In spite of his position as one of the greatest architects of the 20th century, Louis Kahn always considered himself a teacher first and an architect second. After an early stint at Yale, he taught a master class at the University of Pennsylvania for over 15 years in a light-filled, double-height Beaux-Arts studio above the art and architecture library designed by Frank Furness.
These notes are my near-verbatim transcription of Louis Kahn’s comments from his fall master studio in 1972 prior to his sudden death the following year. These comments were addressed to students, outside visitors and his co-teachers, Norman Rice and Robert Le Ricolais, and are presented here in approximate chronological order. In the studio, students worked primarily on a library for the Graduate Theological Union in Berkeley, California, a project then in Kahn’s office; a more abstract program of shorter duration—simply entitled “A Room”—was given near the end of the term. The following notes are from the introductory section from the first week or two.
One must have the feeling that what you are undertaking is something of extreme importance; it must be worth all of your attention and effort in a valiant, combined effort. If it is not worth this, then it is not worth the slightest glance.
The land and climate of a project determine, in part, the character of the building. In Bangladesh, for instance, the monsoons affect people’s attitudes towards water and rain. It is at one and the same time a wished-for blessing and a dreaded evil. And there is the character of the people themselves to consider . . .
It is never necessary to have a consistent “style” in your work, for then you are conceding or conforming to other more superficial factors than the search for the nature of the thing at hand.
The wall of a building is of necessity an organic entity, much like the wall of a human being or any animal, which has layers of fat on the outside for protection from the heat and layers of fat on the inside to insulate from the cold. Thus, a wall is the organic skin of the building.
If I love natural light, I will be determined to have it at any cost and by any means necessary. If I cannot have natural light, I would perish in the gloom.
In order to begin to search and to build, the process is like that of a farmer starting a new field of crops. He must look about and choose exactly the right piece of land and get to know it thoroughly. He has to lovingly prepare the land—only then can the vegetables grow.
A truly great artist is someone who reveals the nature of whatever material he is working with by means of his point of view. Everyone has their own point of view, their own angle from which they view the world, but this aspect of the artist’s work is only secondary. Of primary importance is that the painter, for example, reveal the nature of paint, of color, and that the musician similarly reveal the nature of music. The music of Beethoven is not beautiful because it is Beethoven’s but because it is music. “Ah,” I say, “so this is what music can be . . . ” Once the nature of the thing has been revealed, and once I am able to grasp it, I become released from the artist’s point of view. I no longer need Beethoven, for I have stolen from him (through his generosity) the very nature of music. To feel the freedom is to steal the nature and run away with it.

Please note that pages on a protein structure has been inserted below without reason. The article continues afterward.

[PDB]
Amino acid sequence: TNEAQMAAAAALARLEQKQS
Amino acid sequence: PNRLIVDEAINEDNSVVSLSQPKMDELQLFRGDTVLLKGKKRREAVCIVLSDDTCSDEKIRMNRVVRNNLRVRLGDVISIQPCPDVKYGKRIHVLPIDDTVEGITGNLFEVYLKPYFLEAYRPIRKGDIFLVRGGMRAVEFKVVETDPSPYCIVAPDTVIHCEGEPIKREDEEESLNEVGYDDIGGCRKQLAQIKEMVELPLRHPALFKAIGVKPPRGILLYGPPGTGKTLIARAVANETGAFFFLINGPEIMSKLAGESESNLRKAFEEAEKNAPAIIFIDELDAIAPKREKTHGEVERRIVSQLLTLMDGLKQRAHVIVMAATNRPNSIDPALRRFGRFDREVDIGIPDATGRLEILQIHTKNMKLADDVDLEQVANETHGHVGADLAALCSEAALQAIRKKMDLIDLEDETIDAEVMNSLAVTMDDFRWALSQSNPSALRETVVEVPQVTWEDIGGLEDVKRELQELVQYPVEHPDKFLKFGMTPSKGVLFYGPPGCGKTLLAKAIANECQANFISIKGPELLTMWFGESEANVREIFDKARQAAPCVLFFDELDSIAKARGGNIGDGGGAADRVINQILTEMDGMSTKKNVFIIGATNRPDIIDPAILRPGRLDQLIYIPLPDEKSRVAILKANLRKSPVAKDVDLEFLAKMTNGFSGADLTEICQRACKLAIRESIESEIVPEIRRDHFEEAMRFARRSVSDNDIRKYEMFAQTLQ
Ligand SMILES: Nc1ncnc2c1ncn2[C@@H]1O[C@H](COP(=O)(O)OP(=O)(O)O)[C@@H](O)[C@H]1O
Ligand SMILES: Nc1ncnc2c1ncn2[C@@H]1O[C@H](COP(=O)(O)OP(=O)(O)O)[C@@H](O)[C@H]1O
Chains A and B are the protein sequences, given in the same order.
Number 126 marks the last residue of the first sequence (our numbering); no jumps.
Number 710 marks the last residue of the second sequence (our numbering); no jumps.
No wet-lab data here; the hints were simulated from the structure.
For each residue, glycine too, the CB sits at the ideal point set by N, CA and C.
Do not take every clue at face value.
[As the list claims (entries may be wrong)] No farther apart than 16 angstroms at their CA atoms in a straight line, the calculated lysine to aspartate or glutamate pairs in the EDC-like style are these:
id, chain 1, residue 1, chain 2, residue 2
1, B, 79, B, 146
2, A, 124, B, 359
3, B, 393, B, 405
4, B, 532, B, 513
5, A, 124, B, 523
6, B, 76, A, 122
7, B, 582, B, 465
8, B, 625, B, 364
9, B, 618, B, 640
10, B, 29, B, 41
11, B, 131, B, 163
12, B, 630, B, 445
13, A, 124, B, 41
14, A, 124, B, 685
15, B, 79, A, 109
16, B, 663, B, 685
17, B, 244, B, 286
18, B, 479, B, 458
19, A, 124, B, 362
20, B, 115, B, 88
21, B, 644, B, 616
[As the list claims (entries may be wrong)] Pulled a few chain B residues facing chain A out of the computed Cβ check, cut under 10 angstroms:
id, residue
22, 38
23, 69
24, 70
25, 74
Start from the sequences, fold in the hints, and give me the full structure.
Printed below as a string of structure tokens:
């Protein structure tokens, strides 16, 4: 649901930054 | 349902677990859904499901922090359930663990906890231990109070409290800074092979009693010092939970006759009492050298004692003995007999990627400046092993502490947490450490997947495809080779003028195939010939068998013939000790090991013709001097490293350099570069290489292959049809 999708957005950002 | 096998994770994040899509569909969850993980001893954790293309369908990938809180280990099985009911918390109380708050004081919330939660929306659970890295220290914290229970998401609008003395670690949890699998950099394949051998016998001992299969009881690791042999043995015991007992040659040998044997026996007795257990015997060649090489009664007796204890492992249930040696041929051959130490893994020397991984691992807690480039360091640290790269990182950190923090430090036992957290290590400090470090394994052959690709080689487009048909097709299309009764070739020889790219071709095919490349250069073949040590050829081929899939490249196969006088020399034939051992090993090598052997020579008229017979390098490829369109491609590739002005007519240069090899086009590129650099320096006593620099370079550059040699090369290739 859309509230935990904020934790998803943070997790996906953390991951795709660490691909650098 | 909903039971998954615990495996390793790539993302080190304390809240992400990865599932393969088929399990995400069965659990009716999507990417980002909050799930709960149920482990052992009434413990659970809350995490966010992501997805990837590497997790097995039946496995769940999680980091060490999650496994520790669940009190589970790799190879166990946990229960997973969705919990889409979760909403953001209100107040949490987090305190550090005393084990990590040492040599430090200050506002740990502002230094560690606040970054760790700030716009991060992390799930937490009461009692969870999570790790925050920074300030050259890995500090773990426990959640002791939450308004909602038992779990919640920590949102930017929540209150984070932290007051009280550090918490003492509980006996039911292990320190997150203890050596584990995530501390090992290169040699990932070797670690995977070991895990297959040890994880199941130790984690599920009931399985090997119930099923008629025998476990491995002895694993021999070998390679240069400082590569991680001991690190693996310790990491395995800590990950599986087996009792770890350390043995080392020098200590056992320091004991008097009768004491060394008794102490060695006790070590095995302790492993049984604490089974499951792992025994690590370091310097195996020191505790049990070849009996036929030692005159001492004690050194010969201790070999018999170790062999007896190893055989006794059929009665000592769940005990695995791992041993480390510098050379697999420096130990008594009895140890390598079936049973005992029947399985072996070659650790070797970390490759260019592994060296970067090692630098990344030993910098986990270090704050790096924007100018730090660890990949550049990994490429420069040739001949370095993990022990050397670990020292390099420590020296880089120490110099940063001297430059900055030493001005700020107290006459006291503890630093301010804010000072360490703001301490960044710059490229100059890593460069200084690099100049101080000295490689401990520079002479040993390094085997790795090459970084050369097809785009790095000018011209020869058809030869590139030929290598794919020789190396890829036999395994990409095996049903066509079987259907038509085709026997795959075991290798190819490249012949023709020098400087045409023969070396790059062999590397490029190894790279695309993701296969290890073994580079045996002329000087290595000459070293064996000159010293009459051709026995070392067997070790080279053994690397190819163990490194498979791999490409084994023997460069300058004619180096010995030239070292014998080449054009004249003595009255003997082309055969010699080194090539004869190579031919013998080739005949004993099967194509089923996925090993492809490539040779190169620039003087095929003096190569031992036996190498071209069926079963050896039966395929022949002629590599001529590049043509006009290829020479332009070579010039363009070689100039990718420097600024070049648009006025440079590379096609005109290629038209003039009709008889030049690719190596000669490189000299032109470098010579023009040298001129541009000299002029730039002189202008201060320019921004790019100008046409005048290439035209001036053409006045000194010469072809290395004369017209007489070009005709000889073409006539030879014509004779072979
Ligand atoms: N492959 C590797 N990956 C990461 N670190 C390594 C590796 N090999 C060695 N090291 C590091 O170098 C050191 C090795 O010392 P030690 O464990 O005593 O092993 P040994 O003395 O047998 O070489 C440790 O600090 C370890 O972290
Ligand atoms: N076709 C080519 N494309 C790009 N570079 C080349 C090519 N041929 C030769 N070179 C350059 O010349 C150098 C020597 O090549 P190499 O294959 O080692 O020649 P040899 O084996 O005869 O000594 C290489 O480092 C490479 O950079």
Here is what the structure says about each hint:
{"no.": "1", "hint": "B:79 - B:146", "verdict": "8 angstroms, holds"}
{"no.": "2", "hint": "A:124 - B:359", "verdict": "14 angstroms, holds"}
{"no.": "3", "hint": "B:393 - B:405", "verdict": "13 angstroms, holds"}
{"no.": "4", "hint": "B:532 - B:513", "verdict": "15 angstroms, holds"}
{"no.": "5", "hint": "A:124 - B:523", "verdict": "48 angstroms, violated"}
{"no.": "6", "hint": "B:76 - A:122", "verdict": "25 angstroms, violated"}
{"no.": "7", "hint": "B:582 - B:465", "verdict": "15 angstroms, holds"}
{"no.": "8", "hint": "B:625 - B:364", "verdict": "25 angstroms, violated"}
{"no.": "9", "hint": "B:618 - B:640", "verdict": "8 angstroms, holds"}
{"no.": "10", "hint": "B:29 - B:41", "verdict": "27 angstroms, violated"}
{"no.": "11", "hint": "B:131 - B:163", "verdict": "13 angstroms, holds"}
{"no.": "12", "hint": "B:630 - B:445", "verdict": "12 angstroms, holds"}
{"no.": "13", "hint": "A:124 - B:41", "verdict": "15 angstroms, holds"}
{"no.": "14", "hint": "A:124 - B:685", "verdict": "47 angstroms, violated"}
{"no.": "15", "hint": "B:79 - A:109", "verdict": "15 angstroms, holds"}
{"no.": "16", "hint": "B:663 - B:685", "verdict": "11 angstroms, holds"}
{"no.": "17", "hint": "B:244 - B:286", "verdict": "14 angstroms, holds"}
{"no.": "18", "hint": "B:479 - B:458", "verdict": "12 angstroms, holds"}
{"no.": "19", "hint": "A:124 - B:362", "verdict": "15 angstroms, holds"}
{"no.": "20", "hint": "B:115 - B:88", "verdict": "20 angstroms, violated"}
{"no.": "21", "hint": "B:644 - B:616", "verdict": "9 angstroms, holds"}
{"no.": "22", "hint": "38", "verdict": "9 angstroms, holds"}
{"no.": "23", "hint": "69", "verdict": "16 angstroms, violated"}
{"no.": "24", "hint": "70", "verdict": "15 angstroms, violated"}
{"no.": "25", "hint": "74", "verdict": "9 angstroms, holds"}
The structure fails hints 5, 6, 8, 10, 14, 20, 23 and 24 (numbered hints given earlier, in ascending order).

Point of view is a way of reaching the nature of the truth. There is a difference between getting across the nature of something and having information about it. For someone or something to be considered useful, it means that they are inspiring, helping one to realize the essence of the thing. I don’t want to be “informed,” I want to have the thing itself—not to know about it but to simply know it.
The structure of the Room, its nature, is defined by the light, which is defined by the structure of the Room. One should not be forced to move from one room to another to be able to see the structure. The light will reveal the structure, which will in turn, reveal the light.
Referring to diagrams of a house vs. a stacked house drawn on the chalkboard by Kahn:
A very “poor” man lives here [single house diagram]; so-called “poor” because he has no money. He has, however, a dog, a deer he gave shelter to, a garden, a tree and so on. And he is always able to have such things, perhaps making him not so poor after all. How can this “poor” man’s luxury be preserved in this [high rise]? How can each person have their own tree, garden and animals? How to make each dwelling belong to its owner?
I must honor the materials that I use, which come from natural sources. I need to be aware of their sources, how far away they had to come for me to use them and how well their new surroundings will respect them.
What distinguishes one space from another? The nature of those spaces. The space must be endowed with a particular presence, a sense of always being aware of its surroundings and not falling asleep on you when you’re not looking. The Room must be radiating its undivided attention, which will stimulate the same in whoever is in that Room. Such a space must be one that inspires. If it be a home, it will inspire living. I would enter that space and immediately feel that I would like to live there, because it is truly a space for living in; it is conducive to living. It inspires that quality and no other.
Why does one feel at home in some spaces and not in others? In this space I can work, but in this one I cannot. The associations are limited by the space. This is architecture, as opposed to the work of a contractor, who haphazardly throws together odd assorted spaces. You want to feel that the space is your own private shelter; the light inside is your light . . .